Reporter Theodore Scull and his wife, Suellyn, spent a week in
the Mediterranean aboard Premier Cruises' Rembrandt, formerly
operated as the Rotterdam. His report follows:
ABOARD THE REMBRANDT -- Rembrandt and the old Rotterdam fit
neatly into the same sentence because they are one and the same
ship, albeit under different owners.
Rembrandt in Barcelona, Spain, my eagle eyes were ready to seek out
what changes the new owners had wrought on a classic ship that I
had cruised on only last year, and several times before that,
dating back to a 1966 Atlantic crossing bound for graduate school
At the B-Deck gangway, a steward led us up to Main Deck Cabin
336, a roomy category C deluxe oceanview, and nothing had changed
Batik print curtains framed a pair of portholes, and the
colorful pattern matched the bedspreads. A triple set of four
drawers, combined with three cabinets and three closets required a
world cruise wardrobe to fill. The carpet was a bit worn and the
bathroom fixtures old, but we had a full tub bath and shower with
great water pressure.
Everyone who knew the old Rotterdam was concerned that the new
Safety of Life at Sea requirements that went into effect last
October would doom the ingenious double staircase that climbs
upwards from B-Deck to Boat Deck.
But Premier Cruises found a way to both preserve the design and
satisfy the law by enclosing the perimeters of the open foyers
using wood-grain bulkheads and fire doors that blended in with the
Exploring the public rooms and teak decks revealed a ship that
had been handed over by its previous owner, Holland America Line,
in good condition, with little refurbishing needed, at least for
the time being. We were pleased by what we saw.
The Rembrandt set sail from Barcelona with less than a full
passenger load, that contained an equal number of Americans and
British, the latter group embarking in Naples, Italy, plus some
Spaniards, Swedes and Norwegians. But English was the lingua franca
throughout the cruise.
The navigation officers were Greek, while the catering officers
were mostly from other European nations, and the dining staff was
international, including many Portuguese-speaking waiters, a
holdover from the ship's winter cruise program in Brazil.
The Rembrandt's two elegant dining rooms, La Fontaine and
Odyssey, are similar, two levels high and located on a traditional
lower deck. We enjoyed some very good meals at dinner there, such
as the beef Wellington and lamb entrees but found the veal a bit
chewy, and the fish dishes varied between gently prepared and
With most departures from the ports we visited at 7 p.m., the
first seating began was 6:45 and the second at 9:00, which is later
To maintain good audiences, the late seating's show was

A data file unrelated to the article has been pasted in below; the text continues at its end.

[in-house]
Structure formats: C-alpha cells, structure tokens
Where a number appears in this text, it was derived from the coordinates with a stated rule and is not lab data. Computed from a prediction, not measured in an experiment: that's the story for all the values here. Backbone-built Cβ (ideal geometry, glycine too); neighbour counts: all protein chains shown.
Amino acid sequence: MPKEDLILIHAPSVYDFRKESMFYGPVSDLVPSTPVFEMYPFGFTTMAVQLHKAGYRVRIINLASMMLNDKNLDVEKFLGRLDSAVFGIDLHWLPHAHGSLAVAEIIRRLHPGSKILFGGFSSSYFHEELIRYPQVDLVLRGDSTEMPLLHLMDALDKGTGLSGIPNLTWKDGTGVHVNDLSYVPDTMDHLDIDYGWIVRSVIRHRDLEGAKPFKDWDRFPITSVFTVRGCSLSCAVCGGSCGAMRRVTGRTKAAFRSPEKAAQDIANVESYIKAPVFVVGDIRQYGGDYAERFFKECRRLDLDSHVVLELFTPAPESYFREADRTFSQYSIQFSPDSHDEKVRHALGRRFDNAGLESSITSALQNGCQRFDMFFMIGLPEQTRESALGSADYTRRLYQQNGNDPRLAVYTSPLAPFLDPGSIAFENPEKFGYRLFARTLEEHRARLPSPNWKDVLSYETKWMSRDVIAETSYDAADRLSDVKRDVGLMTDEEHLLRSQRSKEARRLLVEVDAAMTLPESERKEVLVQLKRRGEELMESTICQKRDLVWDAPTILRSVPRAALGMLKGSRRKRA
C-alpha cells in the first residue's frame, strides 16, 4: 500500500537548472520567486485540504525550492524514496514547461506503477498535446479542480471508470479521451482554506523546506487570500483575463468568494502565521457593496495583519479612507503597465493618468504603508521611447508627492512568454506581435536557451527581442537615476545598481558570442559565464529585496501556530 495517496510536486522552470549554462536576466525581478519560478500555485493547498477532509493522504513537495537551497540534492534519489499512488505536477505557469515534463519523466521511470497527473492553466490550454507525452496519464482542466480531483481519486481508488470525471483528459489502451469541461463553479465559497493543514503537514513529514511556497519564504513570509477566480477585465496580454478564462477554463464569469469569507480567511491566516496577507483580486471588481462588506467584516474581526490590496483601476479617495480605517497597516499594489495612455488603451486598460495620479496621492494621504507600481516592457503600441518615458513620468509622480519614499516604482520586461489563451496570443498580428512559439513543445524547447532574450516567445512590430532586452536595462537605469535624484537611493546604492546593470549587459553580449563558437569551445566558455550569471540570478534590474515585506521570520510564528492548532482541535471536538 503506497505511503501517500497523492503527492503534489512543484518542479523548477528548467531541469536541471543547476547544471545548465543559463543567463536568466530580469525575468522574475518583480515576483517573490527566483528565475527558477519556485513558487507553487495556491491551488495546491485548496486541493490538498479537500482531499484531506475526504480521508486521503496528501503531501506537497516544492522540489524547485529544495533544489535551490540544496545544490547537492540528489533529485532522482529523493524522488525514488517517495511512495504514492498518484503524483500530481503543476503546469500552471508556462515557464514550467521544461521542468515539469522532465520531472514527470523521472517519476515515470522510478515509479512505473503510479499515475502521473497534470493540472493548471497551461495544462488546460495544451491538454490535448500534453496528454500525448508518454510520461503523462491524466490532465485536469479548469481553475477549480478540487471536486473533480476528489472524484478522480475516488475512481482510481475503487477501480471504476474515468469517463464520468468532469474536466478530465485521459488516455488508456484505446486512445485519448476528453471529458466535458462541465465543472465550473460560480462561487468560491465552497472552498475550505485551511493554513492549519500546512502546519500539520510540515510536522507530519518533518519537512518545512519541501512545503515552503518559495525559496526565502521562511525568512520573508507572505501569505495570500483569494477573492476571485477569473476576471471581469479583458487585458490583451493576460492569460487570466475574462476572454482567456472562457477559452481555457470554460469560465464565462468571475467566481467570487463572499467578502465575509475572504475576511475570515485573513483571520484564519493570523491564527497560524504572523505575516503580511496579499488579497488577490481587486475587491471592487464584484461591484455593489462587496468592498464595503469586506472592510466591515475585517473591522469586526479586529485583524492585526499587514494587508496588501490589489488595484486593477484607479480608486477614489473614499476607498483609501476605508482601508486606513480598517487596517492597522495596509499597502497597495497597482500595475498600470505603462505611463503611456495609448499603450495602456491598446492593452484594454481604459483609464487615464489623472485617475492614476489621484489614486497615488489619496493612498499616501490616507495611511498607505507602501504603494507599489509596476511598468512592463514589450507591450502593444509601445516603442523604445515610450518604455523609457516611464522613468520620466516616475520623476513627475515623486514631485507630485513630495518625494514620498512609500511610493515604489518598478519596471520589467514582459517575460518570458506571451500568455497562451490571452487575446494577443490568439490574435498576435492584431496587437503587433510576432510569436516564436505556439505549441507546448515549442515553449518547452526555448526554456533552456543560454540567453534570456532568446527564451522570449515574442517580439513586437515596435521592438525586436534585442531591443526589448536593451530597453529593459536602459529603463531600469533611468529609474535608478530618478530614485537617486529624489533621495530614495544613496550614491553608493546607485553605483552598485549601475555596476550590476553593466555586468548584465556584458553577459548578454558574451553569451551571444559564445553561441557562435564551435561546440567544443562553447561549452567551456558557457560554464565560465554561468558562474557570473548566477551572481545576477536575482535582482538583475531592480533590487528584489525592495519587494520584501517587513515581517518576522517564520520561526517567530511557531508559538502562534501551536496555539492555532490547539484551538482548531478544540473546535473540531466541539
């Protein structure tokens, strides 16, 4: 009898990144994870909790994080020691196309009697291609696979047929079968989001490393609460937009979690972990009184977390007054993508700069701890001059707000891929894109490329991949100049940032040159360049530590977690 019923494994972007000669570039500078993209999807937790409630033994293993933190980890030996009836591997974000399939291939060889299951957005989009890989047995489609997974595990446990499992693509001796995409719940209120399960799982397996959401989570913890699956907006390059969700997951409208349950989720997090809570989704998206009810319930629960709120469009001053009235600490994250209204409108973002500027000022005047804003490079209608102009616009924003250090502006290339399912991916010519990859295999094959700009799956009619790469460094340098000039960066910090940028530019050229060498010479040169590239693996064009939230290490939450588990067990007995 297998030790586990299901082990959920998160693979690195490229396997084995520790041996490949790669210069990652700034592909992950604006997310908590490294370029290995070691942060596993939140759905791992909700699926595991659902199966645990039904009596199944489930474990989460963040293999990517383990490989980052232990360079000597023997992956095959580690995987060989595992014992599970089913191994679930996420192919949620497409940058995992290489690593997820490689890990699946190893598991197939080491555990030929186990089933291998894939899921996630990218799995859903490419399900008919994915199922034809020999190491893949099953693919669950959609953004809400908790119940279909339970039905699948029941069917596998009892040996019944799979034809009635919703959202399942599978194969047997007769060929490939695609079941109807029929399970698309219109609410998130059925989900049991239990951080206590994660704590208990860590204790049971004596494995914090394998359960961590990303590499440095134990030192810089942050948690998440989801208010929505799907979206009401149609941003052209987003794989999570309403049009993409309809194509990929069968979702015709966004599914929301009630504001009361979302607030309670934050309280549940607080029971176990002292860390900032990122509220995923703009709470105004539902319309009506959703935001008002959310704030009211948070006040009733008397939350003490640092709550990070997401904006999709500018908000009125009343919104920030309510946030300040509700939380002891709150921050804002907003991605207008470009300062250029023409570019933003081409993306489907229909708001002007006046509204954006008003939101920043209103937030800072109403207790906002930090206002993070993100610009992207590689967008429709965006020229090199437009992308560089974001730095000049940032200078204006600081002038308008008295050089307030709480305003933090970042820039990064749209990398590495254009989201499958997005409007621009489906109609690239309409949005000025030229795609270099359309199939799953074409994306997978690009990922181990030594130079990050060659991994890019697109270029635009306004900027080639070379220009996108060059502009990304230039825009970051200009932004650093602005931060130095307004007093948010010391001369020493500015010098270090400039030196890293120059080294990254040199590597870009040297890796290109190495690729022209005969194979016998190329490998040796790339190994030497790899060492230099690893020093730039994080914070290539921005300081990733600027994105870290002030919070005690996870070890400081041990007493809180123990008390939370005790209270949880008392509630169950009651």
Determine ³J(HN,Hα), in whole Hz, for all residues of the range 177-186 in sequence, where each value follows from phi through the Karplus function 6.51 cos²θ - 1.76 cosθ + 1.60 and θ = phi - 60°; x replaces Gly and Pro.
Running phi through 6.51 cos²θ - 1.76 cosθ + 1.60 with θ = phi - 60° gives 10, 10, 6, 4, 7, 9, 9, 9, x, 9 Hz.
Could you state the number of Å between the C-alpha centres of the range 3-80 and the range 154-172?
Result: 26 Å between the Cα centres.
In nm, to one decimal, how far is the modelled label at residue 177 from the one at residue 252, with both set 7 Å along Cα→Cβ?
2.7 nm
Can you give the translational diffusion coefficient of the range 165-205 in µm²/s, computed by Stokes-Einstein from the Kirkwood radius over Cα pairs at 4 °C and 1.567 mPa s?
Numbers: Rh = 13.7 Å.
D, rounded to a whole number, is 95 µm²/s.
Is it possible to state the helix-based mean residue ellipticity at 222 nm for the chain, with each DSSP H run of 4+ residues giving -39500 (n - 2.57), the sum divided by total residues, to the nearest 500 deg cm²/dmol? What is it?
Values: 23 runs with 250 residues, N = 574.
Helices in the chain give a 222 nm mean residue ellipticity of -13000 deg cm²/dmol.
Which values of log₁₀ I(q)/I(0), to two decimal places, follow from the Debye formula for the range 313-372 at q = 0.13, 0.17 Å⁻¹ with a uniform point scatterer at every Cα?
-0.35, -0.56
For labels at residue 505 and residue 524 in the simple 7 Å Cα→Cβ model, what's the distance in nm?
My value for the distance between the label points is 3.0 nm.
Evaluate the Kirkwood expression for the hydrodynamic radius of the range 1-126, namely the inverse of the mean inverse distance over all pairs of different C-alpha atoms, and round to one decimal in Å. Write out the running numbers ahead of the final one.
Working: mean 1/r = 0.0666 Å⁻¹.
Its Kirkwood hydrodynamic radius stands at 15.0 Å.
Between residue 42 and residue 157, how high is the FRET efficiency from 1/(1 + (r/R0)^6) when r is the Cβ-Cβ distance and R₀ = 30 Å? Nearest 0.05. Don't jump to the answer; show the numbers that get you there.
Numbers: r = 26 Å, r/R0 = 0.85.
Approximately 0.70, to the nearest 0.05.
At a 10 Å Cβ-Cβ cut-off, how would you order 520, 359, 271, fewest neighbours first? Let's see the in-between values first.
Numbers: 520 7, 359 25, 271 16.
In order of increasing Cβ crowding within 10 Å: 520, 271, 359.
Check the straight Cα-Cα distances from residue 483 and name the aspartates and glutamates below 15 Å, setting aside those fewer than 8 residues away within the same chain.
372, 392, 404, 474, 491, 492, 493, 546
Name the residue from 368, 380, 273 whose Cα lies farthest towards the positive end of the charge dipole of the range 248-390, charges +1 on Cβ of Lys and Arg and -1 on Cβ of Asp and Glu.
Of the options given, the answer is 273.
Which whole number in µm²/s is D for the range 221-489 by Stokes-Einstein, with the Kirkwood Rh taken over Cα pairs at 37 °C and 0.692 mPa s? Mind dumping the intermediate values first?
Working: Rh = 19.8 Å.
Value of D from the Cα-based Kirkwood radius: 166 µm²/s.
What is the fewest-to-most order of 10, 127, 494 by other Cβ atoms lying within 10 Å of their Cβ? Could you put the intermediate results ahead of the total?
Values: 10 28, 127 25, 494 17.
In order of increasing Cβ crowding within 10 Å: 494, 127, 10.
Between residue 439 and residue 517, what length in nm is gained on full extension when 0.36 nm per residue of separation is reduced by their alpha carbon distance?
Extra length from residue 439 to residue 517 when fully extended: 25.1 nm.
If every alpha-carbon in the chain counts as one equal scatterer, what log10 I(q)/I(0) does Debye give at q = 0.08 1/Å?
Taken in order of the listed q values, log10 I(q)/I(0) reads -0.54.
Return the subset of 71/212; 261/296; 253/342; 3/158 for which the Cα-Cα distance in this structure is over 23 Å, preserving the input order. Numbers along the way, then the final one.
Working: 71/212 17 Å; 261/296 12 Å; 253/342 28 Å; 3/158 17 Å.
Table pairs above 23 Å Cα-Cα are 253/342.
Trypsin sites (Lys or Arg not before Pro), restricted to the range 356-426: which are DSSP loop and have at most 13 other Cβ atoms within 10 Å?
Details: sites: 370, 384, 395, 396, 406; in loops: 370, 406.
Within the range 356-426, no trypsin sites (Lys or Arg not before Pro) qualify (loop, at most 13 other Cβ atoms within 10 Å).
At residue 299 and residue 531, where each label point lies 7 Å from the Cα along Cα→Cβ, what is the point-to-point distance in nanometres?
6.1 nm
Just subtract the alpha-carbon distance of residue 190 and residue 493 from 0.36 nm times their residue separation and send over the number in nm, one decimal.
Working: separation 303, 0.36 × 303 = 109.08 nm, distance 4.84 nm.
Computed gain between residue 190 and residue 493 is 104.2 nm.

scheduled prior to dinner. It was a wise decision as we seldom left
the restaurant before 11 p.m.
In the Lido Restaurant, a chef cooked omelets to order at
breakfast and a fresh pasta at lunch, and the buffet selections
changed daily and queues were kept to a minimum.
For entertainment at night, a North American song and dance
group performed the music of Broadway and of the 50s and 60s, and
the more exotic Brazilian troupe brought us South American and
African entertainment. Both were well received.
Two theme evenings and nightly dancing took place in the
Ritz-Carlton lounge with its sweeping staircase and handsome
lacquer floor-to-ceiling mural, one of the finest formal lounges
afloat. One afternoon, it was the venue for a formal tea with a
choice of a half dozen brews, crustless sandwiches, pastries and
biscuits. The Ambassador Lounge, an atmospheric hideaway with
recessed alcoves, offered music and cocktails before dinner.
The Sky Room was the intimate setting for pre-dinner caviar and
foie gras (moderate charge) and a late-night disco.
Overall, the atmosphere on the Rembrandt is more sophisticated
and refined than that aboard other Premier ships, and that is the
expressed intent for the company's new flagship.
The itinerary offered by the Rembrandt achieves a good sampling
of western Mediterranean ports, and excursions can be done on your
own or with a fairly priced tour.
During the Villefranche call, we took a half-day tour ($35) to
Nice and the medieval hill town of Eze, had free time to explore
and stayed ashore for a crepe lunch.
In Rome, we used the guided transfer ($39) and were dropped off
at the Vatican just as Pope Paul VI was beginning his Wednesday
morning audience in St. Peter's Square.
At Messina, Sicily, the tour ($35) to the mountainside resort of
Taormina was too rushed, and the all-day boat trip to Capri ($59
with a good lunch) found a very crowded island, but this was hardly
During the day excursion ($39 without lunch) from Palma de
Mallorca, Spain, we visited the former Baroque monastery at
hillside Valldemosa and the pretty harbor town of Porto Soller and
returned aboard a narrow-gauge electric mountain railway.
The day and a half at sea allowed us to sleep in, unwind, and
enjoy old-fashioned spaciousness along two wide promenade decks,
one open and one partly glass protected and both furnished with now
rare, wooden deck chairs.
Undoubtedly, the Rembrandt will be expensive to maintain, but to
my delight, I found it to be much the same classic liner that I
knew in the past.